I feel slimy now. I need to go take a bath.


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More Deliver Us From Evil (2006) reviews
review by . February 10, 2009
posted in Movie Hype
Pros: outstanding and thorough story, well done interviews     Cons: none associated with the filming     The Bottom Line:   “There's a blaze of light  In every word  It doesn't matter which you heard  The holy or the broken Hallelujah”  ~Leonard Cohen     I saw a review about this movie that said if you were not a Catholic you would not understand this movie. I thought that …
review by . May 10, 2007
posted in Movie Hype
Listening to victims of pedophile priests grieve and vent is the heart of 'Deliver Us from Evil', and when director and writer Amy Berg allows them to do so, it is heart-wrenching. Sometimes the head needs a little work, but some of the errors are understandable--and certainly forgivable. Los Angeles is the center of most of the focus, especially on Fr. Oliver O'Grady, an immigrant priest from Ireland who is interviewed for this documentary. Touchingly two grown victims in particular, Ann Jyono …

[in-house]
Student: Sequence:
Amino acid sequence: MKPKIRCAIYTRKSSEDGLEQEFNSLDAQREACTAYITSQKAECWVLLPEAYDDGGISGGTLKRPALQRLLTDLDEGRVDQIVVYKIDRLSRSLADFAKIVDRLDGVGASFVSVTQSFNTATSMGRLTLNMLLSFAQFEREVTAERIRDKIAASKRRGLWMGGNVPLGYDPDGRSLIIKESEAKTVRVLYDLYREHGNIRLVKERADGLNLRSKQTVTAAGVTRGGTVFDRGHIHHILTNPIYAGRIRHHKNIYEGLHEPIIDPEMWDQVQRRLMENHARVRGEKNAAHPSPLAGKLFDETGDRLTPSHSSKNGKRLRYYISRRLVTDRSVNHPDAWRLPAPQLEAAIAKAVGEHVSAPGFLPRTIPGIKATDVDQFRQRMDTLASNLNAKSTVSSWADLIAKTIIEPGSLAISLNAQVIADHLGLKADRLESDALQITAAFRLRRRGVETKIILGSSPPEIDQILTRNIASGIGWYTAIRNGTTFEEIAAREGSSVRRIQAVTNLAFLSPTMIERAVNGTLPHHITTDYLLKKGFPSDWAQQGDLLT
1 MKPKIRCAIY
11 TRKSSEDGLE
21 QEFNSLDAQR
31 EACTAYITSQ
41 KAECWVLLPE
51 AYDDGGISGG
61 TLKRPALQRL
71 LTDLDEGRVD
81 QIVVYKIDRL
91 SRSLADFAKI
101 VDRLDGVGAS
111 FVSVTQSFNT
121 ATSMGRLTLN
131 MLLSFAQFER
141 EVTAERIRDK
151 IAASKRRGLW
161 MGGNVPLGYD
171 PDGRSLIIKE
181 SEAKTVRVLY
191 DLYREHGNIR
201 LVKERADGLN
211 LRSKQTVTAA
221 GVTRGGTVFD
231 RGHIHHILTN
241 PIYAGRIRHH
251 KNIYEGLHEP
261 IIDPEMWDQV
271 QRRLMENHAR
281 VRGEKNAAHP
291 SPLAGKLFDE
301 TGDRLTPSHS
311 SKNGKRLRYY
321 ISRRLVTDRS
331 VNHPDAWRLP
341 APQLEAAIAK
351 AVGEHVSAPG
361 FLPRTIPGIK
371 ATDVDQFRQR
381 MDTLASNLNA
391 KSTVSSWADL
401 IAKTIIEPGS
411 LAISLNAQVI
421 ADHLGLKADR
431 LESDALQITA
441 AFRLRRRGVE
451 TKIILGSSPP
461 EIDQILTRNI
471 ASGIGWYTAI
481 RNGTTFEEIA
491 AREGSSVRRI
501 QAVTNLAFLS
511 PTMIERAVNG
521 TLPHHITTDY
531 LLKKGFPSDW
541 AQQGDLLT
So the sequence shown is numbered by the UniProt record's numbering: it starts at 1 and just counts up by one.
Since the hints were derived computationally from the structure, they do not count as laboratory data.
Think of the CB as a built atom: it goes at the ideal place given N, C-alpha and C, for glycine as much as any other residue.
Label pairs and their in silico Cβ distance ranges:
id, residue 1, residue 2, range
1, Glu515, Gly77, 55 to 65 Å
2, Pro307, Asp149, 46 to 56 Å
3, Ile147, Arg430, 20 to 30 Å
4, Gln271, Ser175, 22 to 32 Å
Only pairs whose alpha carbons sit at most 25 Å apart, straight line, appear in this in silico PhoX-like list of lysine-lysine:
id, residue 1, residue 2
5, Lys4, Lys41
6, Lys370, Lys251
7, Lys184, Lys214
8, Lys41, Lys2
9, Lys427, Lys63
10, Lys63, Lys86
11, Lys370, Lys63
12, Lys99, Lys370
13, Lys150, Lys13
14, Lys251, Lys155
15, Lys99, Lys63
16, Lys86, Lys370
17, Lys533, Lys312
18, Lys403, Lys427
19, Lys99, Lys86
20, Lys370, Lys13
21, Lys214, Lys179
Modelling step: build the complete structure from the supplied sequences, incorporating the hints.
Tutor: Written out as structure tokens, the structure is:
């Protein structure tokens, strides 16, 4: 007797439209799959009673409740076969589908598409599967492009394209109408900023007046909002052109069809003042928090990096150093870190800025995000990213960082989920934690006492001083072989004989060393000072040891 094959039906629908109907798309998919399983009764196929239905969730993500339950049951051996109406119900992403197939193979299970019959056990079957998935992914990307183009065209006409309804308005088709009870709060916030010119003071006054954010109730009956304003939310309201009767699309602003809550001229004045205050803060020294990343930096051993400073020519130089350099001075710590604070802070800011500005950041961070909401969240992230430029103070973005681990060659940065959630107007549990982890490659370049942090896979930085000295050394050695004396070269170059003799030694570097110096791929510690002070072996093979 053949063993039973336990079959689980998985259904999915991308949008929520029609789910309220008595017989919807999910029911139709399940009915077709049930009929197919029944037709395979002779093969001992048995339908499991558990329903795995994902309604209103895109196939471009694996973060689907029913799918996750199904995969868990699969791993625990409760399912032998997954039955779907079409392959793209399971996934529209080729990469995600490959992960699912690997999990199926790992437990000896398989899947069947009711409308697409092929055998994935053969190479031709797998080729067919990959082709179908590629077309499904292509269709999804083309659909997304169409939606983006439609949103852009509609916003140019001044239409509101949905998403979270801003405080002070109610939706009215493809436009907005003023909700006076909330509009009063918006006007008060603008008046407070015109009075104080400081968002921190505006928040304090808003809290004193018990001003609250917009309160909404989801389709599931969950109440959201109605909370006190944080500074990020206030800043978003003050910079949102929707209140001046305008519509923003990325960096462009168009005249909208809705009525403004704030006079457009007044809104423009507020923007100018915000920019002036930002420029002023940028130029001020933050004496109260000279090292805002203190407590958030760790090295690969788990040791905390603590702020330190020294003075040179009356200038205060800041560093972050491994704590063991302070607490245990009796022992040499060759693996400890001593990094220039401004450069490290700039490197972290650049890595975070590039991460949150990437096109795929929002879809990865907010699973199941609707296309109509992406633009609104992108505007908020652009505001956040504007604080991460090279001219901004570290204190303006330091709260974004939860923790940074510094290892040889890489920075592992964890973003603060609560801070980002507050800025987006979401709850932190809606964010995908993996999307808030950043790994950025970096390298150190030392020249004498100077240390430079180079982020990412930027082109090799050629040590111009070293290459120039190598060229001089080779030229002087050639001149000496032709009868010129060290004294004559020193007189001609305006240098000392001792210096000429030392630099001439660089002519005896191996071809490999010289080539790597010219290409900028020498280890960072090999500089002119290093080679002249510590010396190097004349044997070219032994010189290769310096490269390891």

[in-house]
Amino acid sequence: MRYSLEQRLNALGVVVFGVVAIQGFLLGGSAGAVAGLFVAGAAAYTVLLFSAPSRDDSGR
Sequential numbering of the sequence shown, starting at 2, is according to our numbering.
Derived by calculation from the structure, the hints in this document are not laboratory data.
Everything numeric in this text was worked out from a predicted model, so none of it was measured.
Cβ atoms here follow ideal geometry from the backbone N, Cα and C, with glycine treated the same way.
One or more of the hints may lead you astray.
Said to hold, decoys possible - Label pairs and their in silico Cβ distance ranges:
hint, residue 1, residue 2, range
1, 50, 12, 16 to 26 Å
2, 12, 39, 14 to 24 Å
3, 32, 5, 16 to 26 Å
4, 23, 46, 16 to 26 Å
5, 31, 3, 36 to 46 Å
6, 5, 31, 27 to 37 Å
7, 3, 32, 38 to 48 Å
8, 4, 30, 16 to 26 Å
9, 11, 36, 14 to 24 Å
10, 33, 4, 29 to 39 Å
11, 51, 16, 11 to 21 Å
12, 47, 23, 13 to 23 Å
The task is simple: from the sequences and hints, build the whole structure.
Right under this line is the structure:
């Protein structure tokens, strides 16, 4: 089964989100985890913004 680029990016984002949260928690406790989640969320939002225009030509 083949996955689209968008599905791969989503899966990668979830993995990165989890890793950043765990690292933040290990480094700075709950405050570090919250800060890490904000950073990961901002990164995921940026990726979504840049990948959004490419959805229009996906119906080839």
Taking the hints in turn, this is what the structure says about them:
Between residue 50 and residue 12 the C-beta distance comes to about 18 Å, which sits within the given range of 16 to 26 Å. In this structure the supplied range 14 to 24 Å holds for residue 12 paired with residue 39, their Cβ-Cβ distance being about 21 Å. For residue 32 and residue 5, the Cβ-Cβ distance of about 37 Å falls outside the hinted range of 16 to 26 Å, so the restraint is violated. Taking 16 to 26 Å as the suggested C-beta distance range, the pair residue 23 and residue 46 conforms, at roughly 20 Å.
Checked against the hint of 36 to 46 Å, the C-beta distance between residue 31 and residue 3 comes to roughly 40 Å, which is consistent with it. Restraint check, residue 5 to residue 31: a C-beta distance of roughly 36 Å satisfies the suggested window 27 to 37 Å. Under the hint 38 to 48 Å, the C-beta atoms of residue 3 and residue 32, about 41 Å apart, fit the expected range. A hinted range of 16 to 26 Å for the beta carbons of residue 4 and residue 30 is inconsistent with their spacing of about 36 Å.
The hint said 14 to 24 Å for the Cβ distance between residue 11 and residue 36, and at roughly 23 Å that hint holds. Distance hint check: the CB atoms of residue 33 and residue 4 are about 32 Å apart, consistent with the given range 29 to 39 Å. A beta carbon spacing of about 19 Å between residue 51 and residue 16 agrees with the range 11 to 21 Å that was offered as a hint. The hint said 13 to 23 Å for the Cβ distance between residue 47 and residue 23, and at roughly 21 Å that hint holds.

review by . April 30, 2007
"Deliver Us From Evil"    Shocking Raw Emotions    Amos Lassen and Cinema Pride    Amy Berg has created a documentary film that should not go unnoticed, especially my members of the Catholic religion. "Deliver Us From Evil" is not only the story about the abuse of children and families by a priest, Father Oliver O'Grady but it is also about the evils and the politics within the Church which have allowed horrible things to happen. Here is …
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About this movie